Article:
by Pat Bellingham
The Northwestern Pennsylvania Synodical Women’s Organization (“NWPA SWO”) multiplies its anti-trafficking work by partnering with two non-profits and a coalition and by engaging college students in the cause. For three years and counting, we have used the SOAP Project – Saving Our Adolescents from Prostitution – started by Theresa Flores to bring awareness about human trafficking. Flores, founder of the SOAP Project , is an author, counselor, speaker, and survivor of human trafficking. At 15-years-old she was selected, groomed, drugged, raped, and blackmailed into the life of sex slavery.
The NWPA SWO gets small bars of hotel soap, labels them with the Human Trafficking Hotline number, and places the bars in restrooms along interstates and highways, in airports, convenience stores, anywhere with a public restroom. We also have a group of women who canvas our local hotels with information on how the hotel industry can be aware and keep their properties and guests safe. In the past six months we have visited 55+ hotels in the Erie, Pa. area. Since 80% of the sex in trafficking happens in a hotel, hotels are key to promoting awareness to the public and help for the victims.
The SOAP Project isn’t just about getting bars of soap to victims, it’s about engaging the community in collaboration. This past year we have gotten assistance from Mercyhurst University students who are either in cyber security or law enforcement career paths. Those students, in turn, will take their visiting experiences, move back into their communities and, hopefully, continue to spread the word and enthusiasm for social justice. Various groups from church youth groups to the retired Sisters of St. Joseph label the soaps for us.
Recently, we have collaborated with Truckers Against Trafficking (TAT). They have a wonderful program focused on various aspects of the transportation industry – school bus drivers, over the road truckers, truck stops, aviation industry, commercial bus drivers. Their programs are well organized, industry specific, and very useful.
This past week, two of us visited eight school districts in our county. We had folders of information provided courtesy of TAT – a CD with a 20-minute training video for school bus drivers, aides, and crossing guards; a poster for the break room; and individual cards with helpful numbers on them. All the materials are also available free of charge on the TAT website. We gave the folders to either the school bus garage secretaries or the school administration office, which ever area we found first. All appreciated our efforts and assured us that they will look over the materials and use them for safety in-services and workshops. School bus drivers see children on a regular basis. They know who picks the children up and drops them off. The drivers can see if the children suddenly have suspicious tattoos or bruises or are fearful of getting off the bus. Drivers can see firsthand some of the red flags that signal children being trafficked.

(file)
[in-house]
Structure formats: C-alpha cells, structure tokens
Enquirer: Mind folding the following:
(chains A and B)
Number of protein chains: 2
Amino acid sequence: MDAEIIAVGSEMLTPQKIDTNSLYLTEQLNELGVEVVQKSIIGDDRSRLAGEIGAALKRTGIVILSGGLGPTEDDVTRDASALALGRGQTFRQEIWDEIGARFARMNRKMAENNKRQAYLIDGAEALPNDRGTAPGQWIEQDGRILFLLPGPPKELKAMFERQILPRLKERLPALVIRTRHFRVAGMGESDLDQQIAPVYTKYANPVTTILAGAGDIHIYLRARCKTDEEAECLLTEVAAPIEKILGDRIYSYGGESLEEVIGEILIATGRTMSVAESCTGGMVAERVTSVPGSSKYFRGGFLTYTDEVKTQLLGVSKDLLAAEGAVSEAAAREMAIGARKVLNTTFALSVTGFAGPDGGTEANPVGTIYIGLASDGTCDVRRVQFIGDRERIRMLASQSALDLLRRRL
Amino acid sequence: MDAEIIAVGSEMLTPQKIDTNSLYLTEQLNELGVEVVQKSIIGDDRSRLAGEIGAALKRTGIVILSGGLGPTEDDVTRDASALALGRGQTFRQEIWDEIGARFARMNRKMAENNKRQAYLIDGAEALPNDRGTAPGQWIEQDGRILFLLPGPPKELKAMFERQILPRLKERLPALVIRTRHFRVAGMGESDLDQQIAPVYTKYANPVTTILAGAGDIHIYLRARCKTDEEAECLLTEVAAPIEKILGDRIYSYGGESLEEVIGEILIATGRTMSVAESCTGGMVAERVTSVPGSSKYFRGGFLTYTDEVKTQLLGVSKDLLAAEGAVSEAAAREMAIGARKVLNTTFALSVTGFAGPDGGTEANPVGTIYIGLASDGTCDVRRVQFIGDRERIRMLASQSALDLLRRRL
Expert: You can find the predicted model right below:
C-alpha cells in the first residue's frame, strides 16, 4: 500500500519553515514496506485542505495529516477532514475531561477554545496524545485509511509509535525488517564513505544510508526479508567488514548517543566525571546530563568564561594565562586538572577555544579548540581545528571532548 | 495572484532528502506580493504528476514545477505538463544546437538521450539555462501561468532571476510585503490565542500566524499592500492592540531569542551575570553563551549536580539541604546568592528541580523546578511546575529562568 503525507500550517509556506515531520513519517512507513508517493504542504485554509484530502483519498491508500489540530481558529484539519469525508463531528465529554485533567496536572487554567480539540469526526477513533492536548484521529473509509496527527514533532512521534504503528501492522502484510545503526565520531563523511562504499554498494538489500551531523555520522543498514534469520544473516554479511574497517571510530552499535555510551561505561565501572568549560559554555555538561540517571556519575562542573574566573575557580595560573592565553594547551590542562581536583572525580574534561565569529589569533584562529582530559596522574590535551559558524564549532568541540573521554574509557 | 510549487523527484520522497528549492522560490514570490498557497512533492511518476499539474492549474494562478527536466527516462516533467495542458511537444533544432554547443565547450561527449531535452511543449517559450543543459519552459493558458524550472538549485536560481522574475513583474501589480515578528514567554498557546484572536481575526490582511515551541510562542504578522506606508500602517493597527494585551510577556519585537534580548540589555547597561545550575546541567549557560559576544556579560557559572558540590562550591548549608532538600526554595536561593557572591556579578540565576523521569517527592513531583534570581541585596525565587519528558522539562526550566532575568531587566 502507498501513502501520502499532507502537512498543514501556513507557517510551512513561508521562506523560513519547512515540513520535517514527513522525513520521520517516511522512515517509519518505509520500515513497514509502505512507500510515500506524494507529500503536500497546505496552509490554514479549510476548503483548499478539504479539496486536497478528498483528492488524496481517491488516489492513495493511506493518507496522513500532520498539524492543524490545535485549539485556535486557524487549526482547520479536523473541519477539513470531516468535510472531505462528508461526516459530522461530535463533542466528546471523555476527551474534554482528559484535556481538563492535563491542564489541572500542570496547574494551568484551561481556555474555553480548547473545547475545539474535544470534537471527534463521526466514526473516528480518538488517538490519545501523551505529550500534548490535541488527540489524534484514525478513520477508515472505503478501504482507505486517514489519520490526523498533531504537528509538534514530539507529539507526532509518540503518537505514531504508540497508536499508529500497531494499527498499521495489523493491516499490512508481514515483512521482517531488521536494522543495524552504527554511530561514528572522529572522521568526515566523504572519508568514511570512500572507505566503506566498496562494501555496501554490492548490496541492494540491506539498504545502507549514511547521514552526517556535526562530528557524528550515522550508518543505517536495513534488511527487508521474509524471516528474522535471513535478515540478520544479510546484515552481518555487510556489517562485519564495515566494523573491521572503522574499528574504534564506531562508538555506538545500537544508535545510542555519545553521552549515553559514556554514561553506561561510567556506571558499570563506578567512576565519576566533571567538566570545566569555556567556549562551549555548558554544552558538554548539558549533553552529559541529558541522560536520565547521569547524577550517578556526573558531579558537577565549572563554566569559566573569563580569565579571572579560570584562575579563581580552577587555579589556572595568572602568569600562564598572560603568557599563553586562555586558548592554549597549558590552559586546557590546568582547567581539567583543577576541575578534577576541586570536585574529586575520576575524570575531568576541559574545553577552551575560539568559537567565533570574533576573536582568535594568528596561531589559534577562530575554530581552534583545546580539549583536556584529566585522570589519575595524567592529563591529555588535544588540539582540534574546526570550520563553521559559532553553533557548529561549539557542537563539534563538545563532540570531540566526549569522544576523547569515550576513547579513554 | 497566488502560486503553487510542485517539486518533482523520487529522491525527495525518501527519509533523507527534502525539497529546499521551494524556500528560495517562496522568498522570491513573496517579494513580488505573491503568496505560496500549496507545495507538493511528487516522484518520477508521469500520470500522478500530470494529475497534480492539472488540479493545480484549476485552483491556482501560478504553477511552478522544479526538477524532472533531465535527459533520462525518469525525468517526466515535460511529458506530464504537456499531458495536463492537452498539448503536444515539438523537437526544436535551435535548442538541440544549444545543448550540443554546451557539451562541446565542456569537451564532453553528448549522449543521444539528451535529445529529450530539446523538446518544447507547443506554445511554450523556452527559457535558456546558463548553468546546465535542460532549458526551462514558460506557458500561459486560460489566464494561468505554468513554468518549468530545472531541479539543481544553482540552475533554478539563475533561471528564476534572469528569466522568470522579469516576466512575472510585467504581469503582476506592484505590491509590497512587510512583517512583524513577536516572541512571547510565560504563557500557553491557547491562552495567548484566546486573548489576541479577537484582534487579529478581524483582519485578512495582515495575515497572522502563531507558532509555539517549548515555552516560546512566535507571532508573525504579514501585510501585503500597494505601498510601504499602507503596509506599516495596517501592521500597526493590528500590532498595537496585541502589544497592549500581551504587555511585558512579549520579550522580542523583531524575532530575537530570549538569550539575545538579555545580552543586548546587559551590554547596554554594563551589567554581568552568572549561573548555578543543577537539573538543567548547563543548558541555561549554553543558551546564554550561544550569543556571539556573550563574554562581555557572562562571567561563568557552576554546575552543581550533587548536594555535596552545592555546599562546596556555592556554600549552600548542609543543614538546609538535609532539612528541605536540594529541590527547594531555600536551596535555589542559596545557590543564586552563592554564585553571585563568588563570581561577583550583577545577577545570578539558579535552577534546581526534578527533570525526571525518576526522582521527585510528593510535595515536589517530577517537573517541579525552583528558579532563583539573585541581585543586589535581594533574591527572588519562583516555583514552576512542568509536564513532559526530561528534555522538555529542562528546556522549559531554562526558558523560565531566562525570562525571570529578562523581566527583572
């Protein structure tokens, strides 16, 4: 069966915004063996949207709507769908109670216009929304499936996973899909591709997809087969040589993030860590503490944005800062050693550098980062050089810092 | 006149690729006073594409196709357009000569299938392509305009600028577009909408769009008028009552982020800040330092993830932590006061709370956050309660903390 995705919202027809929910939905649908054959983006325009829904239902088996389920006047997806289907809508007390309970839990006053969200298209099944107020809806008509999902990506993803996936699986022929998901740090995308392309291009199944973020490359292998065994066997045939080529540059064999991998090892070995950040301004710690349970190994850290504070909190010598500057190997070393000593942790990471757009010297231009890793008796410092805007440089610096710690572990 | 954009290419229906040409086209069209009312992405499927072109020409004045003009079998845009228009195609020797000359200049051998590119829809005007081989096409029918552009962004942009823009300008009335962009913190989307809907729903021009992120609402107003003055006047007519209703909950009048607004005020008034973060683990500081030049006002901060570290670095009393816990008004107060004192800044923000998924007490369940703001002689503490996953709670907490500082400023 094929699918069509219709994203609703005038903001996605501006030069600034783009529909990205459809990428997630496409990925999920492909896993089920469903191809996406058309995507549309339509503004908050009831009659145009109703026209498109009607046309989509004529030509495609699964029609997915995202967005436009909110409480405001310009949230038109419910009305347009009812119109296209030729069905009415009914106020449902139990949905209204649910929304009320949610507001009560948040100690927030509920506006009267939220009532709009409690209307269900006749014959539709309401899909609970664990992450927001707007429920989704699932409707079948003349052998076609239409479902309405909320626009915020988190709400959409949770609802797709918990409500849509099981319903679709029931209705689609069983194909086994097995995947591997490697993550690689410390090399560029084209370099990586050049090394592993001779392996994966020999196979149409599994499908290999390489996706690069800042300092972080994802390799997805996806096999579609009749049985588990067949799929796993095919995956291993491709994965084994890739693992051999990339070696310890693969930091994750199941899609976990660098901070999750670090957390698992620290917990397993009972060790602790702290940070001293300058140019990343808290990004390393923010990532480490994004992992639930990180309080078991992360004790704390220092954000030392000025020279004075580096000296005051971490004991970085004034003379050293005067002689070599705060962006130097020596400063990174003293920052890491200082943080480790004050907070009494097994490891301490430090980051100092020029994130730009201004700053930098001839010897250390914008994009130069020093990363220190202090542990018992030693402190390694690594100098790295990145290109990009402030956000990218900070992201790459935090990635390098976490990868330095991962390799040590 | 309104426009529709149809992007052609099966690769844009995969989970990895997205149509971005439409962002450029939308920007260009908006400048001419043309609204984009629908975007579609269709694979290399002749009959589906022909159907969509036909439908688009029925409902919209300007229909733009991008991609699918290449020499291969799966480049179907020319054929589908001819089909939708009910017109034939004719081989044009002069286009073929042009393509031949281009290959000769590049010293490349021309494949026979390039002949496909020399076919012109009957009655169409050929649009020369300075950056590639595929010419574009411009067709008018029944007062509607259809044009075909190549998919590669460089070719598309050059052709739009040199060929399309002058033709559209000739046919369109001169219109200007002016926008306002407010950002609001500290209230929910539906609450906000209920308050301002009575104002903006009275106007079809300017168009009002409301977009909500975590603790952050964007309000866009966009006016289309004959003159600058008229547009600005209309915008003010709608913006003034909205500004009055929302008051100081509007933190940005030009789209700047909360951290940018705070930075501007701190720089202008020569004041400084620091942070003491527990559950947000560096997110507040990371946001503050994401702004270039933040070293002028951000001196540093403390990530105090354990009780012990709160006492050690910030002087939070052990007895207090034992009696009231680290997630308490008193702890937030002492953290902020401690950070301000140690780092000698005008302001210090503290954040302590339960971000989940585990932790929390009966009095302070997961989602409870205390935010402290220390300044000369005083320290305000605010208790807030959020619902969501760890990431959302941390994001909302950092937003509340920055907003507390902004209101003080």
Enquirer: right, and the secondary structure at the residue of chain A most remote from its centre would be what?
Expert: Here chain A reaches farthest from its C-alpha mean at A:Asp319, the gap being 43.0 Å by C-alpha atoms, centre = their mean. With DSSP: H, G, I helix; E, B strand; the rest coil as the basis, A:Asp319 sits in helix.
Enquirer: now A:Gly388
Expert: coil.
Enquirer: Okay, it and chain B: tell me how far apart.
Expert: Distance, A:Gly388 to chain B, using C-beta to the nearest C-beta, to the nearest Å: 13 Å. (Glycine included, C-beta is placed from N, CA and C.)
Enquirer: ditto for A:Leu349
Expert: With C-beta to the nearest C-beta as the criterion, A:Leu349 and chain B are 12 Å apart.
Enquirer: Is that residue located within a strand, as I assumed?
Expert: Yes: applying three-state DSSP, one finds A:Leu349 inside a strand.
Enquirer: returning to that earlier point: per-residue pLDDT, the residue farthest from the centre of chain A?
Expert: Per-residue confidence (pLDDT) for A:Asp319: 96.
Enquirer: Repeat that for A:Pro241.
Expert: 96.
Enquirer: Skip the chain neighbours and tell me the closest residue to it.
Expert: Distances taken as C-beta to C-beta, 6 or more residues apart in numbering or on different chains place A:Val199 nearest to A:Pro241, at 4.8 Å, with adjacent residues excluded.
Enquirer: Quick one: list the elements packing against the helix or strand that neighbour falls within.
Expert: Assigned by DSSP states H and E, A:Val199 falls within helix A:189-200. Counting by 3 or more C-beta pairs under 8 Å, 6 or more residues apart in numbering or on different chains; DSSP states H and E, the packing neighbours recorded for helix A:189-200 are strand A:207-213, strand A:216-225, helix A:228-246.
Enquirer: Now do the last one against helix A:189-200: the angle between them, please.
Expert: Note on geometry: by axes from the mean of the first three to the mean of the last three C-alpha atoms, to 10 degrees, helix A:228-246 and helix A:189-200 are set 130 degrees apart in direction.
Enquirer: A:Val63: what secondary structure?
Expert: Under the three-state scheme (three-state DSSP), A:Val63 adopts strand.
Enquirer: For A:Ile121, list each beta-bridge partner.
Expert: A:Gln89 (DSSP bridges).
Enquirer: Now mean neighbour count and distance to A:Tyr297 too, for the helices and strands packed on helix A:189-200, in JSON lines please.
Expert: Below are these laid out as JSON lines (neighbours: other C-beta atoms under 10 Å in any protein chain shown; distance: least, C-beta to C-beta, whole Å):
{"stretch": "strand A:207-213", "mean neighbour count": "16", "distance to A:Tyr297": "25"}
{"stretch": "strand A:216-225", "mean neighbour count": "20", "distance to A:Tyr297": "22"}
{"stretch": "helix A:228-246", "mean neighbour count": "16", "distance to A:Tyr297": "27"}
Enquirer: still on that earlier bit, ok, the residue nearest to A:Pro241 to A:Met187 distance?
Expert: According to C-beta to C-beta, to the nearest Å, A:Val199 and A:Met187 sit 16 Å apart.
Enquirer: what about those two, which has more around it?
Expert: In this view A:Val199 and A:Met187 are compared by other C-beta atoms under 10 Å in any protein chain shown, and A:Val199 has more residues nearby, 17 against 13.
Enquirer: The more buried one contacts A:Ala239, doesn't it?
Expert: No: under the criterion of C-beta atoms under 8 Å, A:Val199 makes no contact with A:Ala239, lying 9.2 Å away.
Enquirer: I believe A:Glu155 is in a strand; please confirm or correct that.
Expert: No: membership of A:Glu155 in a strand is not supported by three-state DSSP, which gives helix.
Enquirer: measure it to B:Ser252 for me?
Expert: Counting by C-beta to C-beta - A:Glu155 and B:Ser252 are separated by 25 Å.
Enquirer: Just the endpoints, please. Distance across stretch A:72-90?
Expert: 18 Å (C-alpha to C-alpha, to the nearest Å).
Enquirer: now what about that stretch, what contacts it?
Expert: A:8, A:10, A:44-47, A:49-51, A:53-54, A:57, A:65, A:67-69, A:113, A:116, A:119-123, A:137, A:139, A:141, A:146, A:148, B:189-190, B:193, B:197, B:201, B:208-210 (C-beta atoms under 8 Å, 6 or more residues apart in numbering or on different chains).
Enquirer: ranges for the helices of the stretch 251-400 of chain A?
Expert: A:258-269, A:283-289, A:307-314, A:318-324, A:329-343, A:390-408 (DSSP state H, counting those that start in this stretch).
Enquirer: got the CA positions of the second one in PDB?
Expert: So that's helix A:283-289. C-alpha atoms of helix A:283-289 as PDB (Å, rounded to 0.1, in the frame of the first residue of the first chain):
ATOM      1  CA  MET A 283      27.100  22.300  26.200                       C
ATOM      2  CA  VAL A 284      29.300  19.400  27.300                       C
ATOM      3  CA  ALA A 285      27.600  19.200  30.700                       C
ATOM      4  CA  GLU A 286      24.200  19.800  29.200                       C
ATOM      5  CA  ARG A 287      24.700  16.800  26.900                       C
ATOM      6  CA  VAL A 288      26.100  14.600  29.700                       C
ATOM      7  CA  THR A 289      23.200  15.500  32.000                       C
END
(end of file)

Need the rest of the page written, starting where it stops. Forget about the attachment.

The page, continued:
In northwestern Pennsylvania we have an organized group of professionals that make up the Anti Human Trafficking Coalition of NWPA – Erie. It is a group made up of law enforcement, judicial system members, medical professionals, social service providers, educators. It meets via Zoom once per month, usually with a speaker on a pertinent topic. It is centered at Mercyhurst University. The Coalition is presently working on including Human Trafficking as a topic for the 211 County Information System. It is not designed for emergencies, just as an information resource for someone who may have questions about local services available for trafficking victims and their families.
We thank you, loving God, for groups like the SOAP Project and Truckers Against Trafficking. They are essential partners in our shared work to end human trafficking. Sustain them in this difficult work. We offer thanks for college students willing to work with us. Stir up in people everywhere righteous indignation that, working together, we can irradicate human trafficking and assist in restoring beloved community. Give the victims hope and consolation. Protect and heal them, bringing them to new life. In Jesus’ name we pray. Amen.
SOAP project – Note: SOAP is a registered trademark and you need to follow their protocol
Missing Kids – great resources for kids, parents, teachers. They have a lot of resources for online safety, how to encourage kids to speak up if things are getting scary, dealing with sexting and cyberbullying.
National Center for Missing and Exploited Children – sponsors the netsmartz activities.
Patricia Bellingham, of Erie, Pa., currently serves as president of the Northwestern Pennsylvania Synodical Women’s Organization.